Real estate professionals have been urging property investors to get in quick to purchase investment property and beat the rush as cashed up baby boomers transfer their wealth from the stock market to the real estate market. This may seem like a reasonable claim as many Australians; especially those around retirement age feel that they understand real estate as in investment. It is something that they can see and touch where as the stock market is something that works in mysterious ways that they do not fully understand. The decline in share prices across the globe over the last 18 months has entrenched this position and there is a desire to protect what is left of their retirement savings rather than being burnt by further declines in the stock market.
However based on the latest lending data the anticipated increase in property investments is yet to materialise. Rather than real estate investors it is first time owner occupiers who are racing into the market helped in part by government stimulus spending. So why are real estate investors not doing the same? There are a number of reasons why investors may not be entering the property market.
Tougher lending criteria
As a result of the Global Financial Crisis (GFC) banks have been setting higher hurdles for investors (and owner occupiers) to qualify for a mortgage. No deposit loans which are in part blamed for causing the sub-prime crisis are increasingly rare with many lenders looking for a minimum 20% deposit and proven lending history before providing mortgage finance. With funding harder to come by there will be investors who wish to purchase property but are unable to do so. It has been suggested that these more stringent lending standards will help protect the Australian real estate market from suffering the kind of falls that have been seen in the US and UK property markets. In reality it will be the banks providing the mortgage finance that are protected by the tougher lending criteria not the real estate investors. If an investor or owner occupier finds they are unable to meet mortgage loan repayments because of unemployment or rising interest rates a gearing level (percentage of debt compared to the value of the property) at 80% or lower is not going to provide any assistance. The tougher lending criteria will mean that should the bank need to sell the property to recover the amount it had lent in mortgage finance they will still be able to recover the full loan amount even if they need to sell at a large discount to the original purchase price, either because the real-estate market has fallen or they want to recover their money quickly.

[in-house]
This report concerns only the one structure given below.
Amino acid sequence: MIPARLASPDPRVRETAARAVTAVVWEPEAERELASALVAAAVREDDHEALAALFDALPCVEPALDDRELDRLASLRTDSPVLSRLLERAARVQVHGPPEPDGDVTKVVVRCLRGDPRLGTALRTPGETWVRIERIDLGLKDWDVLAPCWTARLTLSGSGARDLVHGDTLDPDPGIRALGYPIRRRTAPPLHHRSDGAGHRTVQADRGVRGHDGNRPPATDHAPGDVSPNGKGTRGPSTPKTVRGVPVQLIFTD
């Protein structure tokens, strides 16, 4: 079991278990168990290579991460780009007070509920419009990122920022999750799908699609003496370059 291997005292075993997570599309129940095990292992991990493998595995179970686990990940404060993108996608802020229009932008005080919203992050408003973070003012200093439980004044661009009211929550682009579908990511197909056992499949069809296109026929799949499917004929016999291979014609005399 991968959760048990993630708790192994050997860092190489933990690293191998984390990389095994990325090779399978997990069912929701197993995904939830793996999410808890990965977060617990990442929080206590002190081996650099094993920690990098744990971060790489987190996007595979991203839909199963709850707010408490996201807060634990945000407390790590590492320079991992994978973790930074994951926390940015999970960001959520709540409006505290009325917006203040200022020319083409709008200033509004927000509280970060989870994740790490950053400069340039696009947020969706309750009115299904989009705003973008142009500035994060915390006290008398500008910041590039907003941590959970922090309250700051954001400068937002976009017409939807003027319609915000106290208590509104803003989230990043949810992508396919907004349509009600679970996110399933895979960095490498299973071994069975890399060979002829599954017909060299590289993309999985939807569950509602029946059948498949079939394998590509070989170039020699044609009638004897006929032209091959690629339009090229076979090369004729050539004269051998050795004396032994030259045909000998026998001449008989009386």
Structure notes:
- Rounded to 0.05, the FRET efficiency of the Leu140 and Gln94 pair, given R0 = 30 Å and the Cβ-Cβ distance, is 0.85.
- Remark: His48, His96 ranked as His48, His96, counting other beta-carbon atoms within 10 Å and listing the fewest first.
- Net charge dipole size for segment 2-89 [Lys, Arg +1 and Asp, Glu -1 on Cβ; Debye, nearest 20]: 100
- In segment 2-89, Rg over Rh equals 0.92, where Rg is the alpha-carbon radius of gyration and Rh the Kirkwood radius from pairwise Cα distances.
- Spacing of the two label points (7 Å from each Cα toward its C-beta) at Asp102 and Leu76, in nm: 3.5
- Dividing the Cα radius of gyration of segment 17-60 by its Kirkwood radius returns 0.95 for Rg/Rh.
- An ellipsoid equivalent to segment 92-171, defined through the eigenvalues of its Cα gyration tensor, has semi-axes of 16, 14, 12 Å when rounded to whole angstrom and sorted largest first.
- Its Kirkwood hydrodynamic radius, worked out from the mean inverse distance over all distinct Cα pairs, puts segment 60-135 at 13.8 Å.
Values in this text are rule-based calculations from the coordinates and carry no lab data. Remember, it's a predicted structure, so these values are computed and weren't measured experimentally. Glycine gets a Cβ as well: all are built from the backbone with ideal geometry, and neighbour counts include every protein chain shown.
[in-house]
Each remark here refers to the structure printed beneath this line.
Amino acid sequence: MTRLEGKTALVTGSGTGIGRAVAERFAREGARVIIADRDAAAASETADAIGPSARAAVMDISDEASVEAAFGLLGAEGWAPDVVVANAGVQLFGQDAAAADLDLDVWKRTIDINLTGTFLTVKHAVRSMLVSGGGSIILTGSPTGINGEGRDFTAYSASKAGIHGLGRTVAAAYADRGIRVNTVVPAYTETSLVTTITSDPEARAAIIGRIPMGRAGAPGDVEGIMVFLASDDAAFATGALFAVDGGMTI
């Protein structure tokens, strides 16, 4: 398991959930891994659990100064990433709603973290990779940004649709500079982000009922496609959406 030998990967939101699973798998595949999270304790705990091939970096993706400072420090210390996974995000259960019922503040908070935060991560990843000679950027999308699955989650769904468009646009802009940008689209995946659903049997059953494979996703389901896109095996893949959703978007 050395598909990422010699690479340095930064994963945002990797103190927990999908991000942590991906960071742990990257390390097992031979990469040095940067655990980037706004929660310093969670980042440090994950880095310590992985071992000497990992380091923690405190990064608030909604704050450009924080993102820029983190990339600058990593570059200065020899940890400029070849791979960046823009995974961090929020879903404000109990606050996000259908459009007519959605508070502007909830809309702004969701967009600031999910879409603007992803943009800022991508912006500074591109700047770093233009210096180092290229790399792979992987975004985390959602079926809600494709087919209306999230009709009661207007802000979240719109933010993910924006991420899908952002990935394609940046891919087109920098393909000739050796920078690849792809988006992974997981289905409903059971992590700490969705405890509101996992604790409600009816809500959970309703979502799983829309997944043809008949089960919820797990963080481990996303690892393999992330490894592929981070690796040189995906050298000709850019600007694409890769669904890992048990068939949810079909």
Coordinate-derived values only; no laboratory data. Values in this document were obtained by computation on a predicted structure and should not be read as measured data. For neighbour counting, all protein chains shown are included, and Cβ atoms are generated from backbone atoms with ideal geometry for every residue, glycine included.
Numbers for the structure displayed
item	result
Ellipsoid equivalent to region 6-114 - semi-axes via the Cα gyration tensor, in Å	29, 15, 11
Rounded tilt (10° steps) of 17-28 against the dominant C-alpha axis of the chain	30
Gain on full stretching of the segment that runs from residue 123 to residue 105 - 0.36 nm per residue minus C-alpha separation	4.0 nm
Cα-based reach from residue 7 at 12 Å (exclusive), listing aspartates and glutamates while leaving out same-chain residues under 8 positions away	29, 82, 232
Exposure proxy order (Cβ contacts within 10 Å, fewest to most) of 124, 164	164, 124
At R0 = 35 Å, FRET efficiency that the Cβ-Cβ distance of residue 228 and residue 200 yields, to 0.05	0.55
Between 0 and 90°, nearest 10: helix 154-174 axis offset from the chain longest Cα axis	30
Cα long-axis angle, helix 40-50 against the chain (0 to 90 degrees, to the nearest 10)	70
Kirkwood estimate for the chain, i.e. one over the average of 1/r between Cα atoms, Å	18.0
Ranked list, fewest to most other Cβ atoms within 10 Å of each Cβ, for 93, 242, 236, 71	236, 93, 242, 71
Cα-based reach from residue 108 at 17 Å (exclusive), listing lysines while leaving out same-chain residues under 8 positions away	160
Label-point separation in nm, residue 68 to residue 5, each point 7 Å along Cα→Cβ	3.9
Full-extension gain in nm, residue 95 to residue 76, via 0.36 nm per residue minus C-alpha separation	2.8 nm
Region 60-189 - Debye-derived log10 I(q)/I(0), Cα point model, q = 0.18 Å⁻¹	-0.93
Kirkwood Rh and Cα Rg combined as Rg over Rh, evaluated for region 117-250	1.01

Loss of equity
The magnitude and speed of the downturn in equity markets has wiped out trillions of dollars in shareholder equity (The ASX All Ords index fell more than 40% in 12 months). Until the start of the Global Recession stock markets around the world had enjoyed significant gains year on year back as far as the tech wreck of the early 2000s. Investors had been able to invest in the share market and take profits to fund real estate acquisitions. In a financial double whammy these investors now find themselves not only without a source of investment income but have also having to provide cash to cover margin calls on loans secured on their share portfolio. With many shares at rock bottom fire sale prices many investors would be reluctant to sell and may therefore look to sell their investment property to raise funds, raising the possibility of a falling real estate market.